William Walton in Nigeria, ca. 1966
In 1966, [William Upton Walton] took his family to Enugu, Nigeria. While in Africa, he helped to develop innovative techniques to teach science to elementary and high school students and trained other teachers. It was an experience he would cherish....When he was teaching in Nigeria in the 1960s and had limited resources, he used whatever he could find as teaching aids. He used bamboo to construct a playground and paper to make flip books that detailed the cycle of the moon, as well as water-drop microscopes capable of detecting tiny organisms in lake water...Later, when he was teaching MIT students the principles of inertial navigation, he had his students use a simplified bubble accelerometer to measure the speed and distance between stops on the subway in Boston.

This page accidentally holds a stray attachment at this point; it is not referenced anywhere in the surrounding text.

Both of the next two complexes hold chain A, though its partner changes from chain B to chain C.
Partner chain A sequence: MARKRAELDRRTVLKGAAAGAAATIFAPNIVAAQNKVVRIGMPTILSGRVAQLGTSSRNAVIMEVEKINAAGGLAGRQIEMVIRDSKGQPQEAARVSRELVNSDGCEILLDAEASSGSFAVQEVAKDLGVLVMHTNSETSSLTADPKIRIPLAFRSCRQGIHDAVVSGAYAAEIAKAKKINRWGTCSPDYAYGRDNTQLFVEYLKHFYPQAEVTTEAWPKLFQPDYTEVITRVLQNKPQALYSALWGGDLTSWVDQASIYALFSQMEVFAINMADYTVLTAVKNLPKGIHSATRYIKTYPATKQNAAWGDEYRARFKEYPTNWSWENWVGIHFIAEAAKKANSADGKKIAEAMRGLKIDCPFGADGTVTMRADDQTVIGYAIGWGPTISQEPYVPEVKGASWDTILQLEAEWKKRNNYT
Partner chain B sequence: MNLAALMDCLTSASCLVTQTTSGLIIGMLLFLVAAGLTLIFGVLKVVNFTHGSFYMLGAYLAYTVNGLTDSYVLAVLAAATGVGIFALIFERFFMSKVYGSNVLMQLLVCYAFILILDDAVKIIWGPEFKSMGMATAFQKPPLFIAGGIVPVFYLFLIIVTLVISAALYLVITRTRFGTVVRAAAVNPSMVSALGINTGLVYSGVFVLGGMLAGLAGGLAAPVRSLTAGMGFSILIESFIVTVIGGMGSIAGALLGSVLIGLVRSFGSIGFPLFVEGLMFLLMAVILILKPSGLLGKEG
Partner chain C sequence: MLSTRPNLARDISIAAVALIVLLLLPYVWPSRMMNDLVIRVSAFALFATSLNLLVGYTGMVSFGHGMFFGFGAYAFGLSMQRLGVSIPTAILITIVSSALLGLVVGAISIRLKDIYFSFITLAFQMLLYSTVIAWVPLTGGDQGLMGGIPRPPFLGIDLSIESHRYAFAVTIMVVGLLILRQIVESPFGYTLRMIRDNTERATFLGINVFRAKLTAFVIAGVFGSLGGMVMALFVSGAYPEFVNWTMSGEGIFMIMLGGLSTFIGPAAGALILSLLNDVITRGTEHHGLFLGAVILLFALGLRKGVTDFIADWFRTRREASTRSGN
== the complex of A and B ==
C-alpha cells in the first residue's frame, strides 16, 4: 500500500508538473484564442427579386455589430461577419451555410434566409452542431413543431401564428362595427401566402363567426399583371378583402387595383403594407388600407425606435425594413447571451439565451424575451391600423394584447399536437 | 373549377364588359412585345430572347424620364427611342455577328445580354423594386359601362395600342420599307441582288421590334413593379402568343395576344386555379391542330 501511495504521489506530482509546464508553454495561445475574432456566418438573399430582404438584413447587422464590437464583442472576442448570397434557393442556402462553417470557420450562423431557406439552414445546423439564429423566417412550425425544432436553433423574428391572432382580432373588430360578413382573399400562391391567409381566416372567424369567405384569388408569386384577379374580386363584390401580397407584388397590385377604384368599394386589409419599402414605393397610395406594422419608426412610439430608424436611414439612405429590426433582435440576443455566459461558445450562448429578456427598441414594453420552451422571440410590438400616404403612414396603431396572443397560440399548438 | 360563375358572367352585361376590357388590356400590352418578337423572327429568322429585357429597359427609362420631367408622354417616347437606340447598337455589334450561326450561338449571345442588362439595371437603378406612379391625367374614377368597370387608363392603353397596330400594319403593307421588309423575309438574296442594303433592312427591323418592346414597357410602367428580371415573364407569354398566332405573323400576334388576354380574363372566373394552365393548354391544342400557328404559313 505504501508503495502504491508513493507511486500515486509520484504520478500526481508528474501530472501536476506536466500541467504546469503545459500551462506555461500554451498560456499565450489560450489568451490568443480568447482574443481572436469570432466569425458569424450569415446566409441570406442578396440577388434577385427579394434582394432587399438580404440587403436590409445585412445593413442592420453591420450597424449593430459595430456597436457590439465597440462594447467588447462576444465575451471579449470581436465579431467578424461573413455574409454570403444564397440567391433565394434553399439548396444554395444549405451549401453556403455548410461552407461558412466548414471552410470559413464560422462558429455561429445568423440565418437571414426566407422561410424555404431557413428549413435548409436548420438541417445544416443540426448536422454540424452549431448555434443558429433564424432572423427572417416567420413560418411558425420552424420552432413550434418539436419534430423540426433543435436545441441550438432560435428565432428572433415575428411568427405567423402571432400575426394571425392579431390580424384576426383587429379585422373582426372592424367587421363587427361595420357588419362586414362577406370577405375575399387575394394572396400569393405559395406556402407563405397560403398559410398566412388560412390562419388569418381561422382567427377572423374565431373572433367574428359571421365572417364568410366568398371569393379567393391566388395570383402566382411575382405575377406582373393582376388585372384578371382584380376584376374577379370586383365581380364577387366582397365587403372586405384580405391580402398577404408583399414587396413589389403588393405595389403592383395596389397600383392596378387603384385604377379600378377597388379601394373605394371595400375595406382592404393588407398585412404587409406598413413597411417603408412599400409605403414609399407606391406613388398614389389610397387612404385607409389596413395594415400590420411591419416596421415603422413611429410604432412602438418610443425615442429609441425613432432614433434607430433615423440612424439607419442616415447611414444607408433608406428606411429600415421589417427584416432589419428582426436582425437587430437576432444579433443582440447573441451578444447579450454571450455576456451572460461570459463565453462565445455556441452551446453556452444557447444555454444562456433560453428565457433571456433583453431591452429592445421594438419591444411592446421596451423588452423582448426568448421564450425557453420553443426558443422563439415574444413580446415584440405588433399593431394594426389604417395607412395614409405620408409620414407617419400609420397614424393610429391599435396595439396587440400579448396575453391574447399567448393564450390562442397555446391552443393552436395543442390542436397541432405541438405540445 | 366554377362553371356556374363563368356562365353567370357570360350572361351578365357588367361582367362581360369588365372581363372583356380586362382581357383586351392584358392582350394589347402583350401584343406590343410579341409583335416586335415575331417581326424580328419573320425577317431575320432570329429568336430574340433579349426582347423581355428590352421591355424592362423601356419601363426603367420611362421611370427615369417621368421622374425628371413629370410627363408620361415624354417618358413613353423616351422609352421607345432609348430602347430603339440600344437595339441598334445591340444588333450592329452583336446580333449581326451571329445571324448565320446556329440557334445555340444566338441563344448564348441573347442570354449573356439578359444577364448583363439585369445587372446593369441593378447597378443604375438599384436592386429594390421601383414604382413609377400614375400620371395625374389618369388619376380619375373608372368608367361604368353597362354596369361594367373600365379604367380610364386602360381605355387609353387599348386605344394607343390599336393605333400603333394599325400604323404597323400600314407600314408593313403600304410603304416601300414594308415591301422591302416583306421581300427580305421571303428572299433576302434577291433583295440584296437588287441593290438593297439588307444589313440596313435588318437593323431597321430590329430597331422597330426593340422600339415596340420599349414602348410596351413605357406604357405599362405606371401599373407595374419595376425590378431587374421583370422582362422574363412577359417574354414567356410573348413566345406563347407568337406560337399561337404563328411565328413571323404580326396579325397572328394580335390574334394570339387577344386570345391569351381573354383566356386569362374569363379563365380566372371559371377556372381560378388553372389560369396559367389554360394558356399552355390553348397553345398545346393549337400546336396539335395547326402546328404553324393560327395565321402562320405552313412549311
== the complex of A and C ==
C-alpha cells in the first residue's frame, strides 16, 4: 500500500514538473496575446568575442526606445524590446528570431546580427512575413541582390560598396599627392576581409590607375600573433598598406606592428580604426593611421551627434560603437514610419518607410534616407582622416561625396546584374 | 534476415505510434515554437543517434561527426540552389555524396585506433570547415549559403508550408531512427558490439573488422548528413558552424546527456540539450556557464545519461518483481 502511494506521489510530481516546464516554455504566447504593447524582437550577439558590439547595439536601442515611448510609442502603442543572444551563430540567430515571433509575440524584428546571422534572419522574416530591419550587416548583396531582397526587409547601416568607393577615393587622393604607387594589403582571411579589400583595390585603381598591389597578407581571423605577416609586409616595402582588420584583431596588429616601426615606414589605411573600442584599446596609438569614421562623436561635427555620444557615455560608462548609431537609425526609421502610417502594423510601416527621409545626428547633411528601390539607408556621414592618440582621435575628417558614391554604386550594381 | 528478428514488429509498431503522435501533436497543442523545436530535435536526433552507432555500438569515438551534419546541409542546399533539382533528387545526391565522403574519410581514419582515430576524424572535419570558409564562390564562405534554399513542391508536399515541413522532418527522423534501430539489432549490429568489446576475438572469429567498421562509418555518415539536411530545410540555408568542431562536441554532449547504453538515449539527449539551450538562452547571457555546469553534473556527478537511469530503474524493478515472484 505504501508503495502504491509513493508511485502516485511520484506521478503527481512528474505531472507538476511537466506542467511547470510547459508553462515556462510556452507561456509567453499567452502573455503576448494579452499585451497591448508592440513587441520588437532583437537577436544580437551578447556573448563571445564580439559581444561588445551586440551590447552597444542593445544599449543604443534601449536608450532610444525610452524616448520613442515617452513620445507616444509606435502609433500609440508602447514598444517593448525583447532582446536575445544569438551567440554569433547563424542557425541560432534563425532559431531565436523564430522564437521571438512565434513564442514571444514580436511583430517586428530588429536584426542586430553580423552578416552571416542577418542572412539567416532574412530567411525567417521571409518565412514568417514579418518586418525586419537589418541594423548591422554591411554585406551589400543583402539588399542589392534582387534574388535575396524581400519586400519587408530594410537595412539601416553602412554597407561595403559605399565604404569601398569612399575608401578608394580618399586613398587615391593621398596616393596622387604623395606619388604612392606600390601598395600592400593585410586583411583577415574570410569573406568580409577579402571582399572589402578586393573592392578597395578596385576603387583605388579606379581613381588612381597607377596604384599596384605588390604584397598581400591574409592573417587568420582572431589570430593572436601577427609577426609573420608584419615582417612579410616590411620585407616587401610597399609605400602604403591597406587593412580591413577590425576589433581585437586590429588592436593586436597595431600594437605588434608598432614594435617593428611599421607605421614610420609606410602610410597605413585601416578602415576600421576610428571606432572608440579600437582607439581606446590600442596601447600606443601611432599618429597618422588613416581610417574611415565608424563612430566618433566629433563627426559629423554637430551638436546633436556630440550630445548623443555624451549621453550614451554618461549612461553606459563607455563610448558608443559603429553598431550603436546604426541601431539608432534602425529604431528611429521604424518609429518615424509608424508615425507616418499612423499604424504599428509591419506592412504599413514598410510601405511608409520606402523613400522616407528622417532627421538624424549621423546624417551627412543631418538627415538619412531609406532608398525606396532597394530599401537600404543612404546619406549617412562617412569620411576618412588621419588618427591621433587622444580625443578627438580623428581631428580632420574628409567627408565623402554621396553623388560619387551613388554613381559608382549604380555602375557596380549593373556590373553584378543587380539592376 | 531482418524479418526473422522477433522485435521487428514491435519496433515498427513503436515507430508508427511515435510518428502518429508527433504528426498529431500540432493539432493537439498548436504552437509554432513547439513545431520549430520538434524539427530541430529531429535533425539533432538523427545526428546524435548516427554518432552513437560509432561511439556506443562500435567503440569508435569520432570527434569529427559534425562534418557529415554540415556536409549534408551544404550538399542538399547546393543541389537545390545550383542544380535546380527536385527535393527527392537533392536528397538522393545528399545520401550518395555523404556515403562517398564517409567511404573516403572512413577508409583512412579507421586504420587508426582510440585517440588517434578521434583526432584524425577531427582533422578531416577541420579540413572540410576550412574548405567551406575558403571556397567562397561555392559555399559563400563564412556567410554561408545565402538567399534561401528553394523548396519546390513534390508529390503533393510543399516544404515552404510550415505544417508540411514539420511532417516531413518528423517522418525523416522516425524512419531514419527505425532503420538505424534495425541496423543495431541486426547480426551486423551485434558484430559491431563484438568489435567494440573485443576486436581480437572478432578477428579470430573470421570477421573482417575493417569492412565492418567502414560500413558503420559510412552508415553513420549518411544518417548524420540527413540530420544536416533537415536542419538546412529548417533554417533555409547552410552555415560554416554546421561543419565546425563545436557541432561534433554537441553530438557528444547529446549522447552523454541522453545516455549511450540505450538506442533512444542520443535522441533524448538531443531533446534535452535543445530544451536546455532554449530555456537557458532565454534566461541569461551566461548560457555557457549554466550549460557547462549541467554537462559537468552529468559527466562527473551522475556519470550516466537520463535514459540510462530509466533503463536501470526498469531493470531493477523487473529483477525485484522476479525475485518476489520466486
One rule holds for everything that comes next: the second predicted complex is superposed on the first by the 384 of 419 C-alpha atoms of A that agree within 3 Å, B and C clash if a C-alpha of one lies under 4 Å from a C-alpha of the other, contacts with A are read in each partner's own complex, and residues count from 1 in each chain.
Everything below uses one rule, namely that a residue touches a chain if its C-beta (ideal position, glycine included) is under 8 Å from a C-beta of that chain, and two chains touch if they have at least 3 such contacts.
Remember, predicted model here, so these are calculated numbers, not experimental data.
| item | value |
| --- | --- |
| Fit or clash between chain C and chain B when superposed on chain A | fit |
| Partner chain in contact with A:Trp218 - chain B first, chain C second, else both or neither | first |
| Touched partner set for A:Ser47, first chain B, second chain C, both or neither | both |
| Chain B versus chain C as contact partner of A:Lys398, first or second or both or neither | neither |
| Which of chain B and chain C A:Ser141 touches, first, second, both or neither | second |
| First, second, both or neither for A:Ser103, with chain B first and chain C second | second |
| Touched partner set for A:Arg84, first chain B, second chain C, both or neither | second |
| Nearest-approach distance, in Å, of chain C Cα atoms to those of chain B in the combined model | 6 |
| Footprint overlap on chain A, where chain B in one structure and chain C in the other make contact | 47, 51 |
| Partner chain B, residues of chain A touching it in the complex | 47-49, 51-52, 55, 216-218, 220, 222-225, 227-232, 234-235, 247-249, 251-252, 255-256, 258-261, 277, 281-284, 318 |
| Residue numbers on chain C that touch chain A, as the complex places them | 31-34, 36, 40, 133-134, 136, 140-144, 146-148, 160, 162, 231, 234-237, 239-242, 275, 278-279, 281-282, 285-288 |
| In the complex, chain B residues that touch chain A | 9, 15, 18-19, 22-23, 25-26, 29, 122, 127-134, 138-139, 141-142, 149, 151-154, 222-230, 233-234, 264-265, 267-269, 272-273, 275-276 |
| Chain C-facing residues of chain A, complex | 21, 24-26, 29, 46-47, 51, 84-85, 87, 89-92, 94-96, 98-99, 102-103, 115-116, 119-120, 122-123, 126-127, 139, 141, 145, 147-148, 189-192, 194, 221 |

After a year, the family was forced to flee the Nigerian-Biafran War. Mr. Walton’s wife and daughter were evacuated to the United States, while Mr. Walton and his two sons went to Ghana. The family later reunited in Nairobi, where they remained until returning to the United States in 1968. [At MIT], he continued to explore new ways of teaching science to students of all ages. He continued to work with the Educational Development Center.
Excerpts from"William Walton, 84; taught at MIT, worked in Africa" by Stewart Bishop, The Boston Globe, 24 June 2010